Data Science & Deep Learning: One-tape Turing Machine and Branching Program Lower Bounds for MCSP

Dimitrios Myrisiotis (Computing of Imperial College London)

Wednesday, 10.02.2021, 12:30

Zoom Lecture:
96255595054

For password to lecture, please contact: mayasidis@cs.technion.ac.il

For password to lecture, please contact: mayasidis@cs.technion.ac.il

For a size parameter s: N -> N, the Minimum Circuit Size Problem (denoted by
MCSP[s(n)]) is the problem of deciding whether the minimum circuit size of a
given function f: {0,1}^n -> {0,1} (represented by a string of length N := 2^n)
is at most a threshold s(n). A recent line of work exhibited ``hardness
magnification'' phenomena for MCSP: A very weak lower bound for MCSP implies a
breakthrough result in complexity theory. For example, McKay, Murray, and
Williams (STOC 2019) implicitly showed that, for some constant \mu_1 > 0, if
MCSP[2^{\mu_1 n}] cannot be computed by a one-tape Turing machine (with an
additional one-way read-only input tape) running in time N^{1.01}, then P != NP.

In this paper, we present the following new lower bounds against one-tape Turing machines and branching programs:

1. A randomized two-sided error one-tape Turing machine (with an additional one-way read-only input tape) cannot compute MCSP[2^{\mu_2 n}] in time N^{1.99}, for some constant \mu_2 > \mu_1.

2. A non-deterministic (or parity) branching program of size o(N^{1.5} / \log N) cannot compute MKTP, which is a time-bounded Kolmogorov complexity analogue of MCSP. This is shown by directly applying the Neciporuk method to MKTP, which previously appeared to be difficult.

3. The size of any non-deterministic, co-non-deterministic, or parity branching program computing MCSP is at least N^{1.5-o(1)}.

These results are the first non-trivial lower bounds for MCSP and MKTP against one-tape Turing machines and non-deterministic branching programs, and essentially match the best-known lower bounds for any explicit functions against these computational models.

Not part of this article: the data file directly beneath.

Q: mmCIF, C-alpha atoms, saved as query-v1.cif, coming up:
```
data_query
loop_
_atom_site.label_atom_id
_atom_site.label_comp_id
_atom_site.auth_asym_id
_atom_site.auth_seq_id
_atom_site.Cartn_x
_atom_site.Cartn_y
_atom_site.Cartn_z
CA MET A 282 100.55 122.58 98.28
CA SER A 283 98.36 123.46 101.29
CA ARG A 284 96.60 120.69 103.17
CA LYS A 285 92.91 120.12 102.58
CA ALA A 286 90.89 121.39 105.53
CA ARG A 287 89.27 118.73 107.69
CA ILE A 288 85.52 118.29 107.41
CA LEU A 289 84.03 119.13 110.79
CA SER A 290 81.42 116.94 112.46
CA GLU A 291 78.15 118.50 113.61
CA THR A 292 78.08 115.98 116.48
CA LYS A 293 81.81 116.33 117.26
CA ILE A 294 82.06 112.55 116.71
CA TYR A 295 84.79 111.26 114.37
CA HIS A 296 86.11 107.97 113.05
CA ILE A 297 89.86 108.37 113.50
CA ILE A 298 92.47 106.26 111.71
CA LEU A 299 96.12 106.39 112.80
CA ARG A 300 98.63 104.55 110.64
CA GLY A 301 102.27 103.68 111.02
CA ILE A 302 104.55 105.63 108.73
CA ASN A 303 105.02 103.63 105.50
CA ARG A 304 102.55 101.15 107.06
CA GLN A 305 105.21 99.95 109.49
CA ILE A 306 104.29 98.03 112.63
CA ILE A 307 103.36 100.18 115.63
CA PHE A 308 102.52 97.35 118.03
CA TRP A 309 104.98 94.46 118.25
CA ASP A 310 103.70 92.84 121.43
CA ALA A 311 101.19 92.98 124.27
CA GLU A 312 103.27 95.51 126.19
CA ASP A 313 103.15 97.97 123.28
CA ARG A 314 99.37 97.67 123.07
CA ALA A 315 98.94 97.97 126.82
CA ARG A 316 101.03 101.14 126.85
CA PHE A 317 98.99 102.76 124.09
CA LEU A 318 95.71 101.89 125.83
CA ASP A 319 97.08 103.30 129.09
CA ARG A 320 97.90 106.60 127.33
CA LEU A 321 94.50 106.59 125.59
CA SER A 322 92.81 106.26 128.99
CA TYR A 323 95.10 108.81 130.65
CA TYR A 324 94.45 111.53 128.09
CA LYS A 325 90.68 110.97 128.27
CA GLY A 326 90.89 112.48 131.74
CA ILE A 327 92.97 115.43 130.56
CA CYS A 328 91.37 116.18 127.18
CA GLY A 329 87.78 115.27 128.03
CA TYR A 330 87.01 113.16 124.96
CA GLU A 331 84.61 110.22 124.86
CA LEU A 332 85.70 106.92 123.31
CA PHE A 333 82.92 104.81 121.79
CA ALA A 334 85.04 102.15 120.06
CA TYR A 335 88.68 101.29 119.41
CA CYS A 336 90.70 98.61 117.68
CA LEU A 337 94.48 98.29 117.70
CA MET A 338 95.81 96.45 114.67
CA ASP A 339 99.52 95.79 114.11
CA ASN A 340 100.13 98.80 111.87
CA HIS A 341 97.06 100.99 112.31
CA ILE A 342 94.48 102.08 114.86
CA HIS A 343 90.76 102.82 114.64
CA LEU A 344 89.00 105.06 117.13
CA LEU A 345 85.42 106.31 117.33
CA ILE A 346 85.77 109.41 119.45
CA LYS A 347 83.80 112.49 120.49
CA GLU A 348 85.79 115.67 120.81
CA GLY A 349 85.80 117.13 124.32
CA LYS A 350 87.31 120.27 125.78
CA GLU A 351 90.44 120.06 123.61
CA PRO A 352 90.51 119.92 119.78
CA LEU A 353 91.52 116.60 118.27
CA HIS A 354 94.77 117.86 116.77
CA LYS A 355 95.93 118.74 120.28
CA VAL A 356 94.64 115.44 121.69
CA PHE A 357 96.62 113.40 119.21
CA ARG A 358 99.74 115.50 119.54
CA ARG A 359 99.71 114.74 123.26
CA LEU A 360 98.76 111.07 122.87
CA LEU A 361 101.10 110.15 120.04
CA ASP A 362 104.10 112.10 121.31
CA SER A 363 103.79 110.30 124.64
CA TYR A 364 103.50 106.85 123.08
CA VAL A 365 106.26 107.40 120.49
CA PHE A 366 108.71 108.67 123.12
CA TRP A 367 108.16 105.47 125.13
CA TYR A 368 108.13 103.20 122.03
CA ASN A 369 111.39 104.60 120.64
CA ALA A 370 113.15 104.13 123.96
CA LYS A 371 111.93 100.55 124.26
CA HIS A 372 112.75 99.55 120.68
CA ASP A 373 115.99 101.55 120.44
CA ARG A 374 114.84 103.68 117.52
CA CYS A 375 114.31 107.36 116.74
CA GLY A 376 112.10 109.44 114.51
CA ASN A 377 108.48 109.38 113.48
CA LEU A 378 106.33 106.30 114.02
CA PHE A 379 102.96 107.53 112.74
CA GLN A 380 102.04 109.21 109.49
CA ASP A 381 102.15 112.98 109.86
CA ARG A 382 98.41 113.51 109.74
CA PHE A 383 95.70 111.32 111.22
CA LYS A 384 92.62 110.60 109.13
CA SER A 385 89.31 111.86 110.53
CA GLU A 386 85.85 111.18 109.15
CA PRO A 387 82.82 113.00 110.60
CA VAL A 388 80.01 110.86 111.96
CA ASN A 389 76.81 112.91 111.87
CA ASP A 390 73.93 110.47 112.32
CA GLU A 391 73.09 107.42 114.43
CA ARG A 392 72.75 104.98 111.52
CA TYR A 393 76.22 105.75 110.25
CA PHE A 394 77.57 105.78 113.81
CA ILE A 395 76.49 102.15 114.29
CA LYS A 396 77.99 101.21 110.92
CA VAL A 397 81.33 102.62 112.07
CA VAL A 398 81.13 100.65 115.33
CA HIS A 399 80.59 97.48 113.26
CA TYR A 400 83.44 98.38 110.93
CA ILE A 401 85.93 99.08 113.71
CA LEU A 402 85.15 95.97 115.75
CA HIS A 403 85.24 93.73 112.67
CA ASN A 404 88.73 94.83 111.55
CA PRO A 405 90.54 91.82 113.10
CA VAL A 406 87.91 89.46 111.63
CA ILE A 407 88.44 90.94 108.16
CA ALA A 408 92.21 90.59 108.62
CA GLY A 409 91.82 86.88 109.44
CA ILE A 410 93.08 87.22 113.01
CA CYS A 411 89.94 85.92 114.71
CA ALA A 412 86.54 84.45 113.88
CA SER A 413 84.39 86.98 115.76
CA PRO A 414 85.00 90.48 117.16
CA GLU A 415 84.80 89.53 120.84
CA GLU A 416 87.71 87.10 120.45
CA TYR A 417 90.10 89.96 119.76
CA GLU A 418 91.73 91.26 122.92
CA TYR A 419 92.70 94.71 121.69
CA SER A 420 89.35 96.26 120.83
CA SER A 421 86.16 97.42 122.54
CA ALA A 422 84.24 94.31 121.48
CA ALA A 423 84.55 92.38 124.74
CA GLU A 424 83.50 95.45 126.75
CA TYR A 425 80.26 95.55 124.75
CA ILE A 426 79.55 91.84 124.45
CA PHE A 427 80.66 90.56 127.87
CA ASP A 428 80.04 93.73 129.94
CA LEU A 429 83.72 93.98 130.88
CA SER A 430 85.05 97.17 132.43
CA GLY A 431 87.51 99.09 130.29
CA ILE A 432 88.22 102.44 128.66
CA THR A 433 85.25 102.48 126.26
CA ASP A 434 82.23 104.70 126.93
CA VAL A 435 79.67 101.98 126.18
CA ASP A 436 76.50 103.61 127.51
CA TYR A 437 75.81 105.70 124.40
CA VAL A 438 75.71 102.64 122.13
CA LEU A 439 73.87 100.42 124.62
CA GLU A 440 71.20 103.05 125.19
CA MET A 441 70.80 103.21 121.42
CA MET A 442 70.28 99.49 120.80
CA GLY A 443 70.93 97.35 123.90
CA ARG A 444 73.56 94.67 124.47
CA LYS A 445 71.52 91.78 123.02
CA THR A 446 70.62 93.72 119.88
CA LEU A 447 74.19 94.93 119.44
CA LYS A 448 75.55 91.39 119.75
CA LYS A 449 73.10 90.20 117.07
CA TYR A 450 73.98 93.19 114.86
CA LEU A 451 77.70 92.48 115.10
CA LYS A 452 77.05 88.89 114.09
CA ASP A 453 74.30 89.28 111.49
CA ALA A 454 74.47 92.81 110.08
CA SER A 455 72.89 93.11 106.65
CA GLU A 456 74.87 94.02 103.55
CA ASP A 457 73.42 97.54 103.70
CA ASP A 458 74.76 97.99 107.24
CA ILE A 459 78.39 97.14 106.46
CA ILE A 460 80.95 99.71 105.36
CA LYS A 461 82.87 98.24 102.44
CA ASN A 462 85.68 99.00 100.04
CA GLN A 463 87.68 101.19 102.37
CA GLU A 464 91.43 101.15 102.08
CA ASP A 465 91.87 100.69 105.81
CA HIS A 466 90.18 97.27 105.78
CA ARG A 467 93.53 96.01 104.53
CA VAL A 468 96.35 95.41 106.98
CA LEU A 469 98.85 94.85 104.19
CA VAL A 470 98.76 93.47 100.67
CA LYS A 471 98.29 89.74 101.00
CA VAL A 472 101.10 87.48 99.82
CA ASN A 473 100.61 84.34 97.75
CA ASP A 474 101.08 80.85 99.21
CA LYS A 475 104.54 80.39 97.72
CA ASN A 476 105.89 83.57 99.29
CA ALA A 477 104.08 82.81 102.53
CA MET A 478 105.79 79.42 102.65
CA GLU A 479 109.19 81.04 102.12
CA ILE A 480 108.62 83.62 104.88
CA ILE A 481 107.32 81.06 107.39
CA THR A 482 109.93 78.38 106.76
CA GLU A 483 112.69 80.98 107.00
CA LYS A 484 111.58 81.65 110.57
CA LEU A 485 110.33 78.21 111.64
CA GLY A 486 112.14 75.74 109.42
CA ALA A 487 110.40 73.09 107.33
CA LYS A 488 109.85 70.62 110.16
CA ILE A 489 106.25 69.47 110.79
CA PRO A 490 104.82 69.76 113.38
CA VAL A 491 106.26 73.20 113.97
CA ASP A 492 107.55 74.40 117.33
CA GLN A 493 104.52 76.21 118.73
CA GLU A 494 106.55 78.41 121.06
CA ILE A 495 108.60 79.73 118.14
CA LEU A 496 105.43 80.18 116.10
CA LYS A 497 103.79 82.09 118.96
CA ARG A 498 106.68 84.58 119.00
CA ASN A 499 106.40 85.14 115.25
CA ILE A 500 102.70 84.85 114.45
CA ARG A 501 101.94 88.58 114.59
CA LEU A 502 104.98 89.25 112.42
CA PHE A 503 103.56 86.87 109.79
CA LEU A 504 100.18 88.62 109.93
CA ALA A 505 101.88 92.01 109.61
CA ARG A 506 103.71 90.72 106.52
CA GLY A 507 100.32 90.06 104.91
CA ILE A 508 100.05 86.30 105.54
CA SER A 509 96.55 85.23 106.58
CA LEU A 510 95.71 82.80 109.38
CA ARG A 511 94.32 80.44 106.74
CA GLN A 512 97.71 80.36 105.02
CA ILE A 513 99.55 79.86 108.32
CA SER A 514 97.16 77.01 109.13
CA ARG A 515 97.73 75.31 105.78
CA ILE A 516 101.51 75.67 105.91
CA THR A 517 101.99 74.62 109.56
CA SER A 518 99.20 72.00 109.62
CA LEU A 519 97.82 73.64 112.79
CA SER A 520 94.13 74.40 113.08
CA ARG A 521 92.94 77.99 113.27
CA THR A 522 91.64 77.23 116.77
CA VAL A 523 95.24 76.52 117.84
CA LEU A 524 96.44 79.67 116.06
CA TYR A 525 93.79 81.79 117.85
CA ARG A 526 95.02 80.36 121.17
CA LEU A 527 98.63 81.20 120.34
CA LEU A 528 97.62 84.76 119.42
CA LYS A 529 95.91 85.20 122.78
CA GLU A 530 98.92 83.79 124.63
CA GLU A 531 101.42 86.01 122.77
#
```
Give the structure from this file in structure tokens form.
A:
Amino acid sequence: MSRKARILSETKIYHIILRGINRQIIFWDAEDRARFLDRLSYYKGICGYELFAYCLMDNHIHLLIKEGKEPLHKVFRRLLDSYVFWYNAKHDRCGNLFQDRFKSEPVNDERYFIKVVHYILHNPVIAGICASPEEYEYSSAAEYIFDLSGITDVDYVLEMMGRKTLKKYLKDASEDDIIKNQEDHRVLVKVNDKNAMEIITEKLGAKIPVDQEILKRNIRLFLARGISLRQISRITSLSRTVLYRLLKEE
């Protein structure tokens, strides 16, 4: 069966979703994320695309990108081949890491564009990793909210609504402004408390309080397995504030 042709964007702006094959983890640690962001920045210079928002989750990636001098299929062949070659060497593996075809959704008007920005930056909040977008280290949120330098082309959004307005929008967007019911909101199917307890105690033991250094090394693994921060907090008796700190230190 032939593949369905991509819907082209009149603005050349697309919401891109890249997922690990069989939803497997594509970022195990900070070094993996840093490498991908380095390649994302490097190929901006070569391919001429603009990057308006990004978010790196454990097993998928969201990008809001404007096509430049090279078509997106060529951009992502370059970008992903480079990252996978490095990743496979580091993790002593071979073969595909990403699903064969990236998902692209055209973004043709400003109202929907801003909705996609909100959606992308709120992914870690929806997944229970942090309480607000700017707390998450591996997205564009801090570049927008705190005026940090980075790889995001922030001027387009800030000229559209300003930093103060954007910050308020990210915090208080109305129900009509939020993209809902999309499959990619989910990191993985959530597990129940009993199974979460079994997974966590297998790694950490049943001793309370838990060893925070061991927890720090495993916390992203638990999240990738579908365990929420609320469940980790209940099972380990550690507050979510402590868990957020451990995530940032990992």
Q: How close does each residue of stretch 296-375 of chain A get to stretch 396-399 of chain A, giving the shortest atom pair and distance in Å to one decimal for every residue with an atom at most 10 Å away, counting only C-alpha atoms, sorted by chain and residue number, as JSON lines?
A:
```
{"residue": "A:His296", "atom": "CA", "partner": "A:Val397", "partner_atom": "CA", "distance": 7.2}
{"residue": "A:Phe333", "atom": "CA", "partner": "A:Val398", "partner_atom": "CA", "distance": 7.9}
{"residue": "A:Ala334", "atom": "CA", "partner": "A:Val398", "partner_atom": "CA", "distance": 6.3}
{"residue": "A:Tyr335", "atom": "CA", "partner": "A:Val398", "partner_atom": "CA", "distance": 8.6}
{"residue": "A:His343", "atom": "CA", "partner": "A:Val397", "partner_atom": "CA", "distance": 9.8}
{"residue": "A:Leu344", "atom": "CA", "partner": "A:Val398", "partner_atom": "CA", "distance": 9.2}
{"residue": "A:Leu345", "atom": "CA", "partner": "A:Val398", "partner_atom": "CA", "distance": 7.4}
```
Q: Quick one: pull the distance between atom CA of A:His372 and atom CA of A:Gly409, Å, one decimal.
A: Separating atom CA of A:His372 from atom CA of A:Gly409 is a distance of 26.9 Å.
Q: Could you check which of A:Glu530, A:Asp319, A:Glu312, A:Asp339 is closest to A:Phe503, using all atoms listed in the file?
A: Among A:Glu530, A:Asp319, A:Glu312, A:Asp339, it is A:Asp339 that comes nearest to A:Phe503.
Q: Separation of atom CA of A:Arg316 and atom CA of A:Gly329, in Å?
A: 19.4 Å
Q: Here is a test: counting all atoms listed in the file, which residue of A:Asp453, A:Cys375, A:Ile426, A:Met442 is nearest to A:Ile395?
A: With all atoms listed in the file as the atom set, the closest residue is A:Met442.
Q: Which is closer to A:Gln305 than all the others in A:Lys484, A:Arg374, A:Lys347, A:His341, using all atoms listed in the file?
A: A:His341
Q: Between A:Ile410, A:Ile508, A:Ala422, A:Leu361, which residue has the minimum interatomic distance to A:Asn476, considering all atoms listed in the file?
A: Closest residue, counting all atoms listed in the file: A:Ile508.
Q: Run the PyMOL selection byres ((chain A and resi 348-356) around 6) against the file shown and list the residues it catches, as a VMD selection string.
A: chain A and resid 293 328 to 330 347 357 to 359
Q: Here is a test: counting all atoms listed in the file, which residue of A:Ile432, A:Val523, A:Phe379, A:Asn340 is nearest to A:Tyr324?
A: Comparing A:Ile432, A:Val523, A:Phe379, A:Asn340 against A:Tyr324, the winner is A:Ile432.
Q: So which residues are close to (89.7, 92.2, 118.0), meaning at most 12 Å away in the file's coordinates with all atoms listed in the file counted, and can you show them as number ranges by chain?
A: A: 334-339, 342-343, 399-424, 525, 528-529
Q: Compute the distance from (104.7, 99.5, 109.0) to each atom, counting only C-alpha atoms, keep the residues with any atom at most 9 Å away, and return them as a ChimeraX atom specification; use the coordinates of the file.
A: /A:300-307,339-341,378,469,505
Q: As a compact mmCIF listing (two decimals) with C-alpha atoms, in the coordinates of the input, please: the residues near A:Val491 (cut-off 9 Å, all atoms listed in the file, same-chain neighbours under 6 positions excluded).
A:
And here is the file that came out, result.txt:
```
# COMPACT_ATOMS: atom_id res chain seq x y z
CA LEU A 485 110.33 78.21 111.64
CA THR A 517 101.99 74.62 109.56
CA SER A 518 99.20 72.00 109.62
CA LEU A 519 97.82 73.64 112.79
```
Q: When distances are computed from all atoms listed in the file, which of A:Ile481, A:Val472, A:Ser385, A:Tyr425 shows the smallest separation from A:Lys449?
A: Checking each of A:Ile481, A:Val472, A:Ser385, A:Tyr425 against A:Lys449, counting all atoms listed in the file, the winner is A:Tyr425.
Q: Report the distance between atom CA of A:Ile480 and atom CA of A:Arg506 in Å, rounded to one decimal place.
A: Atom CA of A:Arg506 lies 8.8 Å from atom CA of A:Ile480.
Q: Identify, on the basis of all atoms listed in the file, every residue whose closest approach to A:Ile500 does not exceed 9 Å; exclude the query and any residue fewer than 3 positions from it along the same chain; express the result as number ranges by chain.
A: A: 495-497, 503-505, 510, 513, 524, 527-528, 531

The first result is based on recent constructions of pseudorandom generators for read-once oblivious branching programs (ROBPs) and combinatorial rectangles (Forbes and Kelley, FOCS 2018; Viola 2019). En route, we obtain several related results:

1. There exists a (local) hitting set generator with seed length \tilde{O}(\sqrt{N}) secure against read-once polynomial-size non-deterministic branching programs on N-bit inputs.

2. Any read-once co-non-deterministic branching program computing MCSP must have size at least 2^{\tilde{\Omega}(N)}.

(To appear STACS 2021).

In this paper, we present the following new lower bounds against one-tape Turing machines and branching programs:

1. A randomized two-sided error one-tape Turing machine (with an additional one-way read-only input tape) cannot compute MCSP[2^{\mu_2 n}] in time N^{1.99}, for some constant \mu_2 > \mu_1.

2. A non-deterministic (or parity) branching program of size o(N^{1.5} / \log N) cannot compute MKTP, which is a time-bounded Kolmogorov complexity analogue of MCSP. This is shown by directly applying the Neciporuk method to MKTP, which previously appeared to be difficult.

3. The size of any non-deterministic, co-non-deterministic, or parity branching program computing MCSP is at least N^{1.5-o(1)}.

These results are the first non-trivial lower bounds for MCSP and MKTP against one-tape Turing machines and non-deterministic branching programs, and essentially match the best-known lower bounds for any explicit functions against these computational models.

The first result is based on recent constructions of pseudorandom generators for read-once oblivious branching programs (ROBPs) and combinatorial rectangles (Forbes and Kelley, FOCS 2018; Viola 2019). En route, we obtain several related results:

1. There exists a (local) hitting set generator with seed length \tilde{O}(\sqrt{N}) secure against read-once polynomial-size non-deterministic branching programs on N-bit inputs.

2. Any read-once co-non-deterministic branching program computing MCSP must have size at least 2^{\tilde{\Omega}(N)}.

(To appear STACS 2021).